Jaya Thursfield and his wife, Chihiro, bought an abandoned traditional Japanese farmhouse in 2019 and have spent the past two years turning it into their dream family home.
The couple, both of whom work in IT, moved to Japan from London in 2017 and started looking for a house.
One of Thursfield’s priorities was finding a house on a relatively large plot of land so they could have barbecues and a vegetable garden and so that their now-10-year-old twin sons, Anton and Marco, could play outside comfortably.
“The abandoned-house, or akiya, topic had sort of appeared in a few articles in the previous couple of years, and people were just starting to talk about them,” Thursfield said. “So we thought that might be the most likely and affordable way of getting a house on a larger block of land.”
In February 2019, the Thursfields bought the house at auction.
The traditional Japanese farmhouse, known as a minka, had sat empty for several years after the previous owner died and the family declined their inheritance of the property, Thursfield said.
“We loved the house in terms of how it looked,” Thursfield said. “I remember the first time I saw it in person, it was quite spectacular, and I was really blown away by it.”
Thursfield and his wife had to submit a bid at the city offices in Ibaraki. It was a blind auction — so they had no idea how many others were bidding or how much they were bidding — and the minimum bid was 2.9 million Japanese yen (about $26,000).
“You have to submit a bid that you think will win, but you don’t want to win by too much,” Thursfield said. “It was quite nerve-wracking.”
They ended up winning the auction with a bid of 3 million Japanese yen (about $30,000).
The couple had been able to take only a quick look at the house before buying it, so they were happy to find that it was in good enough condition that they could renovate it instead of tearing it down.
Since then, the couple has spent roughly $150,000 renovating the interior and the exterior.
For the renovation, they enlisted the help of an architect friend in Tokyo and a local father-son carpenter team. Throughout the process, the Thursfields lived nearby with Chihiro’s mother.
“This was all completely new to me, so jumping in the deep end,” Jaya said. “I ended up doing quite a lot of the DIY myself but definitely couldn’t have done some of it, especially the structural work that the carpenters were doing.”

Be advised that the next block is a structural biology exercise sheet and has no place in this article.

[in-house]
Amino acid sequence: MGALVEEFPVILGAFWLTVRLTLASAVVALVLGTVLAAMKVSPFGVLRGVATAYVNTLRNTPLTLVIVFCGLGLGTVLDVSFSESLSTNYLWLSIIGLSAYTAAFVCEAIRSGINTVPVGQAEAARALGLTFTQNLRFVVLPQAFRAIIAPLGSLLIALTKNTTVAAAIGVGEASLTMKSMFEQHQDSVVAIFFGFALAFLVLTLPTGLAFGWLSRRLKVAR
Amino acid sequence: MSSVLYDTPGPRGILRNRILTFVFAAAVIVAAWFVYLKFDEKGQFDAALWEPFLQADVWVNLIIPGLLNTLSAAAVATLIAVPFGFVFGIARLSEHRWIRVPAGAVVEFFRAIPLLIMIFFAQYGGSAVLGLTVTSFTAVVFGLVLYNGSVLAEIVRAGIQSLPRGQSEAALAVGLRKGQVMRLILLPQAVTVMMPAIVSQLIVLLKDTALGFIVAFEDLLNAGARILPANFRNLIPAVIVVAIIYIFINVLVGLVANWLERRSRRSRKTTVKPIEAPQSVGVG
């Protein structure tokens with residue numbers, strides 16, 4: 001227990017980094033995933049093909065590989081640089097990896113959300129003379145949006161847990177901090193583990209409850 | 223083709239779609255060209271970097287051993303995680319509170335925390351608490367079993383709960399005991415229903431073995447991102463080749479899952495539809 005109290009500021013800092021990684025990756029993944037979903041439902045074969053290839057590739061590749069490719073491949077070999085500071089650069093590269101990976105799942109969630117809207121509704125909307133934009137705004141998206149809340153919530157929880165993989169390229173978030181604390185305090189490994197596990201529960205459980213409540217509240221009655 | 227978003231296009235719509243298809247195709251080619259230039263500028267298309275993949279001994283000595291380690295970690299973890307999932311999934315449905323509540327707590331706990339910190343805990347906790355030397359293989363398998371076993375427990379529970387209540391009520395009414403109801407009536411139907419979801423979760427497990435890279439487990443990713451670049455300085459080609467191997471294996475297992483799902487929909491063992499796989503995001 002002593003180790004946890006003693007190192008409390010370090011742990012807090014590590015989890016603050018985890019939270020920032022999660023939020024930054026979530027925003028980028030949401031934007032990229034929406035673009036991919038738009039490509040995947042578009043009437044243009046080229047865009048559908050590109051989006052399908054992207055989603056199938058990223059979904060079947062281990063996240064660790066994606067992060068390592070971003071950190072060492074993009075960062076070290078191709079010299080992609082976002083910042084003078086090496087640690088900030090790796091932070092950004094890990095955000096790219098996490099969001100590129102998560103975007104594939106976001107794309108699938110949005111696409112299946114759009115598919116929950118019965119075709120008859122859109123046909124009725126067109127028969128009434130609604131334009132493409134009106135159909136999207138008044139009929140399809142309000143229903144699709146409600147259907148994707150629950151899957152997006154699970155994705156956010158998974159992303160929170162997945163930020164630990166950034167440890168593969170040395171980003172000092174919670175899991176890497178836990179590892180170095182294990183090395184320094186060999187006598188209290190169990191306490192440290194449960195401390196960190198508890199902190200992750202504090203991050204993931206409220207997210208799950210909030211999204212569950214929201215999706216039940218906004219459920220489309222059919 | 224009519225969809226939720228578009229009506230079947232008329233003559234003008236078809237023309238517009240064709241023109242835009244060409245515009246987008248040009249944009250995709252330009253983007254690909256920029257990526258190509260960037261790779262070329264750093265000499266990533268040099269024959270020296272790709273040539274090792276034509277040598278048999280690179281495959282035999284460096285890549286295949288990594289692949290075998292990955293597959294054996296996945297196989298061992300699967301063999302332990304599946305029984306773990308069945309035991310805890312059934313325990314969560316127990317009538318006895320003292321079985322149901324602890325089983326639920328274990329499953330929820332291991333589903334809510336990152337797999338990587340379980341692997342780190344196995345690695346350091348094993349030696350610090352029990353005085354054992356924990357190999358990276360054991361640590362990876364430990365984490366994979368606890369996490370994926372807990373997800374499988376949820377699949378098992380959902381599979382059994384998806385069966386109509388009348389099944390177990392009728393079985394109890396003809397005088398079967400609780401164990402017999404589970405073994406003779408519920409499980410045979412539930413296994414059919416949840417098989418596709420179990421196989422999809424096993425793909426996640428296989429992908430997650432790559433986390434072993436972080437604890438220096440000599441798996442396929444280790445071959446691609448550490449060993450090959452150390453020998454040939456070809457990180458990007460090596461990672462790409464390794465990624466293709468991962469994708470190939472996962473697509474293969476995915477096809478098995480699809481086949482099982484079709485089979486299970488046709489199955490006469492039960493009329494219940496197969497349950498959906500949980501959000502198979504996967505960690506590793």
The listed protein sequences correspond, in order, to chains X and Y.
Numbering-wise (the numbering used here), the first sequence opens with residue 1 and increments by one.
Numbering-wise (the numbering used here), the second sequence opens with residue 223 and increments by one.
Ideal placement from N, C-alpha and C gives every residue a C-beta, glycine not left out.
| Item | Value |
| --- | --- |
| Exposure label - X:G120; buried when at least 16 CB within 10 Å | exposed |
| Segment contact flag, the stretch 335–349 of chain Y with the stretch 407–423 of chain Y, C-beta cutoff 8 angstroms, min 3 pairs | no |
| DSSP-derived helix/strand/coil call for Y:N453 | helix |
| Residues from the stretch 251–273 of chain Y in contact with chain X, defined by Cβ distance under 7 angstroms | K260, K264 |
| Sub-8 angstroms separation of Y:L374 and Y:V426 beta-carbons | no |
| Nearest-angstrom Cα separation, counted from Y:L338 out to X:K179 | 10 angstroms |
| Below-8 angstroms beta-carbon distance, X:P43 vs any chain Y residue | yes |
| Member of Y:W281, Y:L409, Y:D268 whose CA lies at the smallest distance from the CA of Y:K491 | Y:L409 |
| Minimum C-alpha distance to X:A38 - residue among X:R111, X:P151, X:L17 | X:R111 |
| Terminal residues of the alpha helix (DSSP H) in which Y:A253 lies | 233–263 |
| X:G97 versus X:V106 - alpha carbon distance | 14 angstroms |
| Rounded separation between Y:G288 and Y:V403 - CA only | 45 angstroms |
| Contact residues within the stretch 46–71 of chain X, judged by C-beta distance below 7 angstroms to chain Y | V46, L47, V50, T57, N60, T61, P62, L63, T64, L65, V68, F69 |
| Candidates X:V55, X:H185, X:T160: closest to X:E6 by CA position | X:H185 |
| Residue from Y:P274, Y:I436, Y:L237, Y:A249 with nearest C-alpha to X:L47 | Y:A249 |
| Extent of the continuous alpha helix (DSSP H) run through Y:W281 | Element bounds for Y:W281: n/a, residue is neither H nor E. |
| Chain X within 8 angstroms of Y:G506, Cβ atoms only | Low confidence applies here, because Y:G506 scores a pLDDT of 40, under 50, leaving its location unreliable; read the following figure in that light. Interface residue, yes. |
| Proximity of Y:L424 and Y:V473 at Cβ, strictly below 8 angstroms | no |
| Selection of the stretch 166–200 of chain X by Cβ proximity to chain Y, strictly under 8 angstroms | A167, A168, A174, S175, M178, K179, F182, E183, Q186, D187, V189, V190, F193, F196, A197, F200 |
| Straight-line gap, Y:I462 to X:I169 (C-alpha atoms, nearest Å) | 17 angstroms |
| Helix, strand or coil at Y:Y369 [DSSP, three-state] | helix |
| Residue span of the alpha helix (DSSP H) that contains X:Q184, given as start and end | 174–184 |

Thursfield has documented the renovation process on his YouTube channel as “a kind of keepsake for my family,” he said.
Thursfield declined to break down the renovation costs by category, but he plans to eventually do so on his YouTube channel.
The property’s multiple sheds were full of stuff the previous owner had left behind, including two cars, a tractor, and farm and gardening equipment.
Some of the farm equipment was in usable condition, Jaya said.
“Some of it we still use, but a lot of it was not salvageable and we had to either throw away or sell it,” he said.
Inside was a similar story. The kitchen was in need of a total overhaul — but first it needed to be cleared out.
The ’80s kitchen was the only Western-style room in the house, Thursfield said in one of his YouTube videos.
The Thursfields found furniture, clothes, books, and magazines abandoned throughout the house.
“This was truly an abandoned house in terms of the declined inheritance and everything left behind by the previous owners,” Jaya said.
Amid all the garbage, they also came across a pleasant surprise of about $700 cash.
After nearly two years of renovations, the Thursfields moved into the house in December.
On the home’s exterior, they replaced some of the single-pane windows with double glazed windows and replaced the siding.
“The house mostly had a kind of tin siding, which was kind of popular post-war in Japan,” Jaya said, noting that the initial plan was to replace it with a more modern version of tin siding. “But we changed our minds halfway and decided to go with wood there.”
He said he’s still considering painting the wood panels a darker color.
Though they replaced most of the house’s traditional tatami flooring with wooden floors, they kept the tatami in one room, which they plan to use as a tea room and a guest bedroom.
“It’s really nice to sit and lie down on tatami,” Jaya said. “It’s hard, but it’s cool. And that room on the corner, it’s got a nice view out into the garden.”
The three bedrooms are still a work in progress, with the kids’ bedrooms mostly finished and the main bedroom still needing to be painted.
Now that they’ve moved in and the contractors have finished the main renovations, the Thursfields are making the finishing touches themselves.
“The walls look a bit bare at the moment,” Jaya said. “We haven’t really put any bookshelves or paintings or decoration or things like that up in the house yet. The house is functional, just to make it look good is the next step.”
For anyone looking to undertake a similar renovation project of an abandoned home, he recommends thoroughly inspecting the home before buying to make sure there’s no substantial damage. They were lucky that there wasn’t any in their case, apart from some minor water damage from a roof leak, he said.
Jaya said that buying and renovating an abandoned akiya is not necessarily cheap. The more than $180,000 they’ve spent buying and renovating the home is roughly the cost of a “cheapish new house in Japan,” he said.
“If price is the main concern, I wouldn’t say getting an akiya and renovating it is the cheapest way to do things,” he said. “Of course, there are people who have done it really cheaply. It does depend on your tastes.”